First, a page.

Time for Caution?
Over the past month, strong economic data, continued mergers and acquisitions (M&A) activity and stubbornly low long-term rates have helped global equities push ahead. But stocks have been trading flat lately, and investors may want to exercise a bit of caution this fall.
Volatility Is on the Rise
Not only is September historically the weakest month, but fixed income and currency market volatility has picked up this month amid increasing geopolitical turmoil and investors’ heightened focus on an initial rate hike by the Federal Reserve (Fed).
But Stocks Can Still Advance
While market volatility is likely here to stay and stocks certainly aren’t cheap, a strengthening economy, low inflation and moribund yields suggest that U.S. and global equities can moderately advance by year-end. Plus, stocks still look more attractively priced than bonds and cash.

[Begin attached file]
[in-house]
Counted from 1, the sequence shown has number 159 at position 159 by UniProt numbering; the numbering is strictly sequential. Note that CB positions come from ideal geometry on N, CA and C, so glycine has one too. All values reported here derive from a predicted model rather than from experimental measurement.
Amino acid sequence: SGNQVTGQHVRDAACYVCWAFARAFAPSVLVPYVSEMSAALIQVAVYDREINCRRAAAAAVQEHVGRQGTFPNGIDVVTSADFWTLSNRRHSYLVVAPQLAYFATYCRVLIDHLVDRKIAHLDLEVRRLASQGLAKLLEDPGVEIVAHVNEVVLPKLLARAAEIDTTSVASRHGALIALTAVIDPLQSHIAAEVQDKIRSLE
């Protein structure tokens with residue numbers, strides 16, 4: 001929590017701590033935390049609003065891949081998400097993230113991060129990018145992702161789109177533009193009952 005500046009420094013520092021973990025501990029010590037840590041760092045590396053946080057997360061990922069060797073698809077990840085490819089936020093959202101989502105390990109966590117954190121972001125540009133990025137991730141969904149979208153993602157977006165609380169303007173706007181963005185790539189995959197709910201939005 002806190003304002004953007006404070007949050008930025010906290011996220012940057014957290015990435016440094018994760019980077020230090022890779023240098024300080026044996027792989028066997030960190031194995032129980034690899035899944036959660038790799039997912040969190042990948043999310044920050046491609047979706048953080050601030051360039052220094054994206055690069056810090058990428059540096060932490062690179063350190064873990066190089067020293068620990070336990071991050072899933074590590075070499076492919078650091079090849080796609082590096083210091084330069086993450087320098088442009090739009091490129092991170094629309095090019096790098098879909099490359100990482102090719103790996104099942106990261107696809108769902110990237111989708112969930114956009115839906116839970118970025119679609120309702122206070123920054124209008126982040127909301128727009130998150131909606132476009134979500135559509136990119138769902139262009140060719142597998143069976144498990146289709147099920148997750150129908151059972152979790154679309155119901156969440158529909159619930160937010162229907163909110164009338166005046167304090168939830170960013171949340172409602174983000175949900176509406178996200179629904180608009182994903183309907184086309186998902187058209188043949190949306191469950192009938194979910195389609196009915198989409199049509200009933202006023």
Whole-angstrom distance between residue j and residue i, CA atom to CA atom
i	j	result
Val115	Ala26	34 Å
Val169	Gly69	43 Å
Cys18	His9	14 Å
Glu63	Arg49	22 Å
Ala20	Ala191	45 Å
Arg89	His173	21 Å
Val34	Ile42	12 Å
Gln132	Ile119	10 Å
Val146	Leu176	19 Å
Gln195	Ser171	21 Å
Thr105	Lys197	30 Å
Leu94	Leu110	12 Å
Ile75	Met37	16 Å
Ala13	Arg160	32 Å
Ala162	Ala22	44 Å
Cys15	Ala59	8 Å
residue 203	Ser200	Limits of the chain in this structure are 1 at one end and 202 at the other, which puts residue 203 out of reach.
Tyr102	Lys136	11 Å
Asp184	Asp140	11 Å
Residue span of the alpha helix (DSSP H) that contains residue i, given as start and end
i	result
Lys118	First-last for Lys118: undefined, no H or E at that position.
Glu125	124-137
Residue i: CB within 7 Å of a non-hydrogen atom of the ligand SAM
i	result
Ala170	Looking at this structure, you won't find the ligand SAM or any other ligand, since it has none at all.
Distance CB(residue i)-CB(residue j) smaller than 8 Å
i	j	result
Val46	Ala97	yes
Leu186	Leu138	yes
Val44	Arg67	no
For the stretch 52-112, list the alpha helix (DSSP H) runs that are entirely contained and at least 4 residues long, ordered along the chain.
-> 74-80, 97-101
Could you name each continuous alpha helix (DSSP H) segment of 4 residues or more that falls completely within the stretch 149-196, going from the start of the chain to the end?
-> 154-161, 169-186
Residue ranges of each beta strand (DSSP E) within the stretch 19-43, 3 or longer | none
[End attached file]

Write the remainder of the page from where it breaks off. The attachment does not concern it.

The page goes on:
Equities May Be Less Vulnerable Than Traditional Safe Havens
In addition, traditional “safe haven” assets (such as short- to intermediate duration U.S. Treasuries and gold) may actually be the most vulnerable as a period of rate normalization approaches. Assuming economic data continue to come in strong, the Fed is likely to begin raising rates in the first half of 2015, potentially as early as March.
Relative Value Is Still Key
Given that most asset classes look expensive, we continue to prefer market segments that offer relative value and potential downside protection. We see value in select international markets, particularly Japan and emerging Asia; international and global dividend funds; large- and mega-cap companies; and certain cyclical sectors. Within fixed income, we like munis and mortgages, and we remain cautious of two- to five-year Treasuries.